Laughter Through Tears & a Little White Dog

This isn't a story about a dog. Not really.

It's Tuesday, a warm June afternoon and I'm sitting alone in my living room. Criss-cross-applesauce in the recliner, dreading the phone call I know is coming. Finally it rings, and reading my aunt's name on the screen, I answer. "You have bad news."

"Depends on how you look at it," she says, crying.

And then I'm sobbing, large shaking cries that actually make noise. Cries that give the "boo hoo's" their creed. I hold myself and rock, in a fashion done only by those who are truly devastated.

When I'm finished, my husband, daughter, and I head to my uncle's house. But first we stop to pick up our new dog Marshall from the groomer. My cousins Kristie and Ryan have flown in and plan to stay with us, and Kristie is allergic. So although he was groomed two weeks ago when we brought him home, I dropped Marshall off again, this time at the major pet store in town because nowhere else had a last-minute opening. I run in, pay the teenage boy, not bothering to scoop the dog into the carrier. Marshall is a quiet, calm, 5-year-old maltese. My almost-two-year-old daughter adores him and as he sniffs her and settles down, we start the 30-minute drive.

When we arrive, everything is a blur. I walk Marshall on his leash in the yard, and he snaps at a neighbor's dog. So unlike him. He's one of those tail-between-his-legs kind of dogs. I carry him inside, assured there will be no problems. We know he's house-trained, after all, and besides, Megan has her dog Oreo. Everything blurs again, a haze of bodies and food and I walk in Megan's room. Stare at all the Disney memorabilia, Hannah Montana posters.

And then I focus again, because Marshall is hiking a leg to a chair. "No, no, no, no, NO!" I moan, as women swoop down around me to clean it up. "He's never done this." I try to explain as I usher him outside. "He never even lifts his leg." Then he runs down the front steps, and I freeze.

"This isn't our dog," I tell my husband. "Marshall doesn't know how to go down steps." But he thinks I'm crazy. "This isn't our dog," I say again to Kristie. I'm gearing up for my opening argument when I get a good look at Marshall's backside and I've got proof. Two of 'em. "This dog has balls! He has balls. This isn't my dog!"

I call the pet store, and teenage boy answers. "Hi...yes... I picked up my dog Marshall earlier. Did you, by chance, happen to have two white Maltese dogs there at the same time?"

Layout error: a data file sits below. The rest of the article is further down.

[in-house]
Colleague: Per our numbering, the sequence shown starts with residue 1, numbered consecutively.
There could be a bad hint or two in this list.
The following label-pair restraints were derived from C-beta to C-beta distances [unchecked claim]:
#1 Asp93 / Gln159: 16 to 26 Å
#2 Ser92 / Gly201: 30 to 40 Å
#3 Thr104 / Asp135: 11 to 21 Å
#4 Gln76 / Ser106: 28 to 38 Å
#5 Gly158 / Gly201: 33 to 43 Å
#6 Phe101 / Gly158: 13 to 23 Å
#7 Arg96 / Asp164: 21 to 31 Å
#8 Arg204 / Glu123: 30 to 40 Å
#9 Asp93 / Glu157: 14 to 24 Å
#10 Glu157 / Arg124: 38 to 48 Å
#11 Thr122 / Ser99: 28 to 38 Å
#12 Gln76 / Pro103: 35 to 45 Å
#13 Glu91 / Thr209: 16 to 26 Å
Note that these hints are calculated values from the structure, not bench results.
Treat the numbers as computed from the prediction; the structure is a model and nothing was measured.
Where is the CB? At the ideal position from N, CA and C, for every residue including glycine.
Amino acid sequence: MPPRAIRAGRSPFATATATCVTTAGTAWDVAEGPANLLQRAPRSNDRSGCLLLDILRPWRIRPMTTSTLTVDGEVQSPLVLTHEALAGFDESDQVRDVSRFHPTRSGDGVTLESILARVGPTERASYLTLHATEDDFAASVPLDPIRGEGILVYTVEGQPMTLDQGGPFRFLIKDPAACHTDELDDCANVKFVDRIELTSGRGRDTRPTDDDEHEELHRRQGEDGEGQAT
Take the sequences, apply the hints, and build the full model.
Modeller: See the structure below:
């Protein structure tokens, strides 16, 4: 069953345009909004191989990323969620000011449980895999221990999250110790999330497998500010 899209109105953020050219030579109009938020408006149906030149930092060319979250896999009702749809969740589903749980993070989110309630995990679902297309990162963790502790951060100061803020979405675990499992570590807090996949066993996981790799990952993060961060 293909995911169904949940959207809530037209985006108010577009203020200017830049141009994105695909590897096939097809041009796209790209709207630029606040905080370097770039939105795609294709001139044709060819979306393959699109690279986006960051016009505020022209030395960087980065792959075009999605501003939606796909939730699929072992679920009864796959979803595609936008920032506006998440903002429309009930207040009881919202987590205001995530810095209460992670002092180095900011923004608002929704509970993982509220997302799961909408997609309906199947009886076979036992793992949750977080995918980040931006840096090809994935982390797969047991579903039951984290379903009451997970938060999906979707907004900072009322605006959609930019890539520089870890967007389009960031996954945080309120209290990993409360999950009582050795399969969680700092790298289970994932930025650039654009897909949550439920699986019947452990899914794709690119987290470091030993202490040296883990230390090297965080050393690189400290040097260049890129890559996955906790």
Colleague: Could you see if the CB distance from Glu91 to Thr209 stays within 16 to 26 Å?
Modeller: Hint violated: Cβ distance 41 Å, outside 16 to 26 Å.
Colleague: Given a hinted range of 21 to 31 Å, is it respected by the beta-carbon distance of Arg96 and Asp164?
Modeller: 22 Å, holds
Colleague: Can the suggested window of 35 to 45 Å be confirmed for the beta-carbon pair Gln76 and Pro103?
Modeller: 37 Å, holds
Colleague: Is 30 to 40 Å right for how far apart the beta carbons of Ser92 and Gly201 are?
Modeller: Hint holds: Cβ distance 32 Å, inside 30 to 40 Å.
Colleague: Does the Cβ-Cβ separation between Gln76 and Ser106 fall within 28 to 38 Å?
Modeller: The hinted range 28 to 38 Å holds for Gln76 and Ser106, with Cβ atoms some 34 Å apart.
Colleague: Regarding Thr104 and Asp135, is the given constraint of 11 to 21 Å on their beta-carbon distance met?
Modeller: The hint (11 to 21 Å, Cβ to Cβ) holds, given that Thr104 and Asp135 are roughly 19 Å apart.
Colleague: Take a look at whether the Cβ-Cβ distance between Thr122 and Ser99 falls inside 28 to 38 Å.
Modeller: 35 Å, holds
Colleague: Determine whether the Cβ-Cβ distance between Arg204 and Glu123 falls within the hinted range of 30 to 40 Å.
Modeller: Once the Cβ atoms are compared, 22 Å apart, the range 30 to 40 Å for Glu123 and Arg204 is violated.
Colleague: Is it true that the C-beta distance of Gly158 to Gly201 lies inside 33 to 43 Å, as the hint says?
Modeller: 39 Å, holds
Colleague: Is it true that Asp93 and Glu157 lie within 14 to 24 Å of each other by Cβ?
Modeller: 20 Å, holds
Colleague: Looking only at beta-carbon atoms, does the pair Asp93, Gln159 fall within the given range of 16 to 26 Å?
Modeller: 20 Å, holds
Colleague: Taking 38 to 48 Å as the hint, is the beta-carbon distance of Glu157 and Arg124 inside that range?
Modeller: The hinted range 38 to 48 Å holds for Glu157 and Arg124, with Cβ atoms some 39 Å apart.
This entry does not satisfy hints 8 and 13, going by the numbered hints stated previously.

Long pause. "Yes."

"And that you gave me the wrong one?" Another long pause.

"Crap," I hear him mutter. "Somehow both their collars were taken off so I just guessed at which one was which. I'll call the other owners. Can you bring him back now?"

By this time everyone's had a good laugh, even my uncle. Kristie and I arrange to make the dog-swap while our husbands head home. Another 30-minute drive to the pet store, and I trade in "Imposter Marshall" for the real deal. Plus a certificate for two free grooming sessions. "Real Marshall" gets free reign of the backseat, as well, and stands at attention while we make our way out of the parking lot.

But as soon as I'm sandwiched between two cars at the stoplight: he lets loose. That's right. Right in the middle of the backseat, Marshall is peeing. And peeing. And peeing.

And peeing. He just keeps going, and Kristie and I are shrieking and trying to stop him without getting wet, and he still won't stop, and I can't pull over because I'm sitting at this darn light that always takes too long to change.

We're laughing. Doubled-over, split-your-side laughing that'll make our abs hurt later. Laughing, and laughing, and laughing. And it feels so good.

We make it home, clean up the backseat, settle down on the back porch with large glasses of red wine. Somehow we make it through the next few days… few weeks… years…

And here we are today. June 2. Suddenly it's two years since "Imposter Marshall." Two years since Megan died. "Laughter through tears is my favorite emotion," says Dolly Parton's character Truvy, in that famous scene from Steel Magnolias. I can't say that I agree. But sometimes when we've reached our daily quota of pain, relief comes. Sometimes in the form of a urinating dog, but still… it comes.

This isn't a story about a dog. It's a story about the worst day of my life. Two years ago today. I could've written about Megan, that's true. But instead I chose to tell a story that would've made her laugh.

A story that makes me laugh. Through my tears.

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